Norma Sklarek: Rosa Parks Of Architecture
Role model for female architects Norma Sklarek (1926-2012) was considered as Rosa Parks in Architecture. She boasts an incredible legacy of pioneering on behalf of African American women in the field of architecture.
Born in Harlem in New York City she graduate from Columbia as one of two women in 1950. After graduating, she was turned down 19 times for job applications but she broke barriers when she passed the New York state exam (1954) to become the first African American woman to earn an architect’s license in California (1962). In 1966 was the first to be elected a fellow of the American Institute of Architects.
She quickly noticed that she was treated differently from her white male co-workers, one of whom gave her a ride to work but was always late. “It took only one week before the boss came and spoke to me about being late. Yet he had not noticed that the young man had been late for two years,” she told to California Architect magazine in 1985. “My solution was to buy a car since I, the highly visible employee, had to be punctual."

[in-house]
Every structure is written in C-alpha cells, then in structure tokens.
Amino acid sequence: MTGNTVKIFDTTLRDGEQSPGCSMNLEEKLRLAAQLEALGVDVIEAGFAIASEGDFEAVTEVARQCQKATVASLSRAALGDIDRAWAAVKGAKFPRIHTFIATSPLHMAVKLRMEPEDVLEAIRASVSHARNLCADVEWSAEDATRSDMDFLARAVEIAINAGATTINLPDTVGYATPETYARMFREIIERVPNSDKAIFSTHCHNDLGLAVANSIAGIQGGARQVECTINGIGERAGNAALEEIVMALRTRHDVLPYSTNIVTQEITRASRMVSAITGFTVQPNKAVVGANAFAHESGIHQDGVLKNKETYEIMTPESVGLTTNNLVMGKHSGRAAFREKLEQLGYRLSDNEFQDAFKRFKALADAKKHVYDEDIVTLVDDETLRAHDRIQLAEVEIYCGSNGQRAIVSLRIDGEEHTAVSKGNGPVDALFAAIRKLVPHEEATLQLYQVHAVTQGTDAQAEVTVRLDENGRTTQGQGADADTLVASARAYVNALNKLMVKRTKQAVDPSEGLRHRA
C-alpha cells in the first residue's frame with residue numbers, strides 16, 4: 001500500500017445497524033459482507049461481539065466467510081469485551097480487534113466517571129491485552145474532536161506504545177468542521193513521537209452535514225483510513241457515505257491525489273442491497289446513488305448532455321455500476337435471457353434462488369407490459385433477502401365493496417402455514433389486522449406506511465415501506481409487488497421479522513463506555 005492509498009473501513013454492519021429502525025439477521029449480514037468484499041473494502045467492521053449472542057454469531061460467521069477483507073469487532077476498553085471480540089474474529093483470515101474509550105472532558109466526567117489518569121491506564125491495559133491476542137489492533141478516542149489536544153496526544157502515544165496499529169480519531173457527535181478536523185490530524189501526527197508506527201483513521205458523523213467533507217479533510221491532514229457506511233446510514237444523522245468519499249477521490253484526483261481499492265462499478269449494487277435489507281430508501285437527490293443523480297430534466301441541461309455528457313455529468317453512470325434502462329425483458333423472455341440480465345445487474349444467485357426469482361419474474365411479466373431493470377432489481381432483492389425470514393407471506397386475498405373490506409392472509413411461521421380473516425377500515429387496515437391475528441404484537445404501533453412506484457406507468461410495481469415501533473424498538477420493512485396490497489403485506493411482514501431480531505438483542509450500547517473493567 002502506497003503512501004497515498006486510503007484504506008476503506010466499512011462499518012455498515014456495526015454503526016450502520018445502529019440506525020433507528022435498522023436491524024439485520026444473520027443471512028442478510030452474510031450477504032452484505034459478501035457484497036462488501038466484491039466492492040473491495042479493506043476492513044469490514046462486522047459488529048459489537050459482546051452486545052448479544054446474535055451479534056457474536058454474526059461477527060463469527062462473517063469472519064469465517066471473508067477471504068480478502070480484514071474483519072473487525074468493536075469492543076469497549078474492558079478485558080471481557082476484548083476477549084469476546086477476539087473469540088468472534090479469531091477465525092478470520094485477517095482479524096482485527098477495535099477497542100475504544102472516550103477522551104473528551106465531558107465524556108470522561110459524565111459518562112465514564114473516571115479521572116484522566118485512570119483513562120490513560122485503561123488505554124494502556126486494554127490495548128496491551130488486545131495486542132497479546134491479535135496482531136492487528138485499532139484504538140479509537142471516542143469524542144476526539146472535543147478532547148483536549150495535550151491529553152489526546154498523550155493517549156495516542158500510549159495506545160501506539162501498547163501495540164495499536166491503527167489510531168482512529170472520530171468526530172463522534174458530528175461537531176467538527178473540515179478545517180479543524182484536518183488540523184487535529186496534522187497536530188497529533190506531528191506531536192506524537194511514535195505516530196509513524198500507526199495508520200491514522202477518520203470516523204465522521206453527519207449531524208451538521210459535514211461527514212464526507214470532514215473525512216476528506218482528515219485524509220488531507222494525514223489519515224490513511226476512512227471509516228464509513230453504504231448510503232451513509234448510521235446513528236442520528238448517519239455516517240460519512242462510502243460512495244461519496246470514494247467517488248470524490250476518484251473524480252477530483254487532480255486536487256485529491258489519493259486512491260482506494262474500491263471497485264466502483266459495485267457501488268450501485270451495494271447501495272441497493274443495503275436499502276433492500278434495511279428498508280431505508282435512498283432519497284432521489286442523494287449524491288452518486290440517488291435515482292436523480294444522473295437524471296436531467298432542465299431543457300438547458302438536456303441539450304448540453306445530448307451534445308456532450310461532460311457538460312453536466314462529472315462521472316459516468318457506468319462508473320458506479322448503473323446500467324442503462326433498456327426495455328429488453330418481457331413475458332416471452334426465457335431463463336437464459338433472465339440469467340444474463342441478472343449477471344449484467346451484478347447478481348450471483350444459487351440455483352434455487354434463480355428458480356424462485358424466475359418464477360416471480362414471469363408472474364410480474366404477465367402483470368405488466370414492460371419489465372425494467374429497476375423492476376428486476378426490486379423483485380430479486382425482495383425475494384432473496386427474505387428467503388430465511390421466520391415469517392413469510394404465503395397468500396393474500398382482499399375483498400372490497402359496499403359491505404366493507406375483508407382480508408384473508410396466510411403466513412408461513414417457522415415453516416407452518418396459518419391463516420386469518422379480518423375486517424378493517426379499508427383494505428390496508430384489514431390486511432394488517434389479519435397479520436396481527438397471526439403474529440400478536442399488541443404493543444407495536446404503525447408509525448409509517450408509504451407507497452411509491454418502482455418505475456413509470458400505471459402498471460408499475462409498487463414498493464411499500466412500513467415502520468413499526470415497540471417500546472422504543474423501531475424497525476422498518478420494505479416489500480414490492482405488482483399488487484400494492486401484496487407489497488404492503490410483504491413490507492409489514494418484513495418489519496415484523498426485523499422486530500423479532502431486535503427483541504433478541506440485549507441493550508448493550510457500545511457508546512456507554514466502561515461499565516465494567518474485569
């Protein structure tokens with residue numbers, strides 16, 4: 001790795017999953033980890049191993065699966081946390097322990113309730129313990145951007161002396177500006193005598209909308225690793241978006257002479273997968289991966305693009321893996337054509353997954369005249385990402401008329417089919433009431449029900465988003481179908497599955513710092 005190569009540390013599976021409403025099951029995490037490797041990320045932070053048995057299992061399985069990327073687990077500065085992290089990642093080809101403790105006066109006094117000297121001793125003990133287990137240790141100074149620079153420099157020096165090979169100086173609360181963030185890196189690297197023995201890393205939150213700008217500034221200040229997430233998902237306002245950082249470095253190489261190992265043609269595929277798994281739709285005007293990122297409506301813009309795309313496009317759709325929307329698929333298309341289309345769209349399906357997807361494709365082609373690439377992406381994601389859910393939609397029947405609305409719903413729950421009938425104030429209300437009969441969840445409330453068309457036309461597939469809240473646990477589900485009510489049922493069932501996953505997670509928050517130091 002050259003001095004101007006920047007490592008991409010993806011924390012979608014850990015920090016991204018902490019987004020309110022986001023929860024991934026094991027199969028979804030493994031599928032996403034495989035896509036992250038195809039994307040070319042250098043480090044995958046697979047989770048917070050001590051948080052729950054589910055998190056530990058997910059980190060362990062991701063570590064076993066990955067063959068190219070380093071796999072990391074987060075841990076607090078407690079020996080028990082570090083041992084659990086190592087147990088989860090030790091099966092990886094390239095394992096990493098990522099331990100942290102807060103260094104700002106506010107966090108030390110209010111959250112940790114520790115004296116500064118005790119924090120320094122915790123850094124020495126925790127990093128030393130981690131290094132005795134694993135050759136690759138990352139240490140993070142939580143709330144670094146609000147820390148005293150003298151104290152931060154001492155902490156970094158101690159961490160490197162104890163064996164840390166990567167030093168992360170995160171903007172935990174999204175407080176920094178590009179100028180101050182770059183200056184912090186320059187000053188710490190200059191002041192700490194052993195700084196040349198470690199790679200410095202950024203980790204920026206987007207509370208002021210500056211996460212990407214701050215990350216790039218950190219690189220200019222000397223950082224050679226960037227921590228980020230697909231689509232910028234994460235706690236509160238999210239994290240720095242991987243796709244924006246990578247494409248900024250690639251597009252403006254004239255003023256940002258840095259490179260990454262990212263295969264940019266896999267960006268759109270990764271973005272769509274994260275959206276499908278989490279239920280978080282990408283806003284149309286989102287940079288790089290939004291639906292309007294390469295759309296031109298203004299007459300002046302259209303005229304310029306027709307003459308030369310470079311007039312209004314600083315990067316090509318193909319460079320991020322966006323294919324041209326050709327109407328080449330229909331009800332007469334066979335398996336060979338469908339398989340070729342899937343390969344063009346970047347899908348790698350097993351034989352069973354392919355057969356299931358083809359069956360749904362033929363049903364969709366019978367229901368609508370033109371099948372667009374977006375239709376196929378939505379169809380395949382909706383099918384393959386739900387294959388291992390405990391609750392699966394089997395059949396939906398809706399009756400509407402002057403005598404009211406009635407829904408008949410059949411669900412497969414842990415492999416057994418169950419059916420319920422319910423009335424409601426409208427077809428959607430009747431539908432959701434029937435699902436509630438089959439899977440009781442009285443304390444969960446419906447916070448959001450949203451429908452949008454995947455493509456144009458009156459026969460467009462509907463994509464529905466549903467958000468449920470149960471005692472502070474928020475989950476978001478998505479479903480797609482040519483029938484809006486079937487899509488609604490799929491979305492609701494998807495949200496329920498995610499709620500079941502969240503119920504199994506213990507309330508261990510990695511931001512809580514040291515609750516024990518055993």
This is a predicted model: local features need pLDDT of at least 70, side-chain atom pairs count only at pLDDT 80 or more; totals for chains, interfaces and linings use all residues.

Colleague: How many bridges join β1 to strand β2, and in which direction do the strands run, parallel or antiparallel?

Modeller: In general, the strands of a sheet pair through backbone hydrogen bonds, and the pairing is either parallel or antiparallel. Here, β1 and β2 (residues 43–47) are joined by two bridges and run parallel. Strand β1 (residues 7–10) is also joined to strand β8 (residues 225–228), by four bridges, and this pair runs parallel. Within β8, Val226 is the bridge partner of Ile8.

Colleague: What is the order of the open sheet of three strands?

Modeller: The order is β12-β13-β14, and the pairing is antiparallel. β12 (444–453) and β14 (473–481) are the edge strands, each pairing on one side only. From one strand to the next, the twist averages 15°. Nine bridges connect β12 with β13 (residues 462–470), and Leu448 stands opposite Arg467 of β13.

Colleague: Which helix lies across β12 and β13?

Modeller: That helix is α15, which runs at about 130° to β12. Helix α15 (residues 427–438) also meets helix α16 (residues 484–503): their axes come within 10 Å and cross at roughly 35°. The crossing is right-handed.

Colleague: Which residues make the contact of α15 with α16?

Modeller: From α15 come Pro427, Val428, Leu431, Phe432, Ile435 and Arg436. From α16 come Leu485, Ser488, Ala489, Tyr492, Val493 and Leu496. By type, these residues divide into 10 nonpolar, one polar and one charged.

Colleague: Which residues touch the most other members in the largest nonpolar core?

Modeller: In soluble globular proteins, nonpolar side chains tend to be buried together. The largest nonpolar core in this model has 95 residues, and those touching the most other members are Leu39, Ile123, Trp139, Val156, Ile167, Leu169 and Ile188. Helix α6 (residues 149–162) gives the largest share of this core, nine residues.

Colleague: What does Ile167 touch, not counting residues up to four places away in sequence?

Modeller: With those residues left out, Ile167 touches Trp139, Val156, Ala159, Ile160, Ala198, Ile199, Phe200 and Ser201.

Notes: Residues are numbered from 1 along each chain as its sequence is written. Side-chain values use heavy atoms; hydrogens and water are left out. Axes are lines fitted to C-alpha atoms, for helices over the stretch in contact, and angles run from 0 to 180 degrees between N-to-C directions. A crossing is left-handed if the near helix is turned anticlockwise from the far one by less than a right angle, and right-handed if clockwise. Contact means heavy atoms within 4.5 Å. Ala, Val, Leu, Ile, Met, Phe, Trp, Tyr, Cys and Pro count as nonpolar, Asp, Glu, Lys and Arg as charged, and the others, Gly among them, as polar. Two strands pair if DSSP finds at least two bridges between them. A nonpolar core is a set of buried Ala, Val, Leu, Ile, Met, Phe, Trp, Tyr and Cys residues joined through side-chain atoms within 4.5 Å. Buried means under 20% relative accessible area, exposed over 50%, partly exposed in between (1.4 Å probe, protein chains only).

In 1980 Norma Sklarek become a project director for a $50-million domestic passenger terminal at LAX. Terminal 1 was completed in January 1984, well ahead of the millions of tourists expected for that summer’s Olympics. Besides this are her notable projects as well Fox Plaza in San Francisco, the U.S. Embassy Building in Tokyo, the Queens Fashion Mall in New York, Columbus, Indiana’s Courthouse Center; and San Bernadino, California’s City Hall.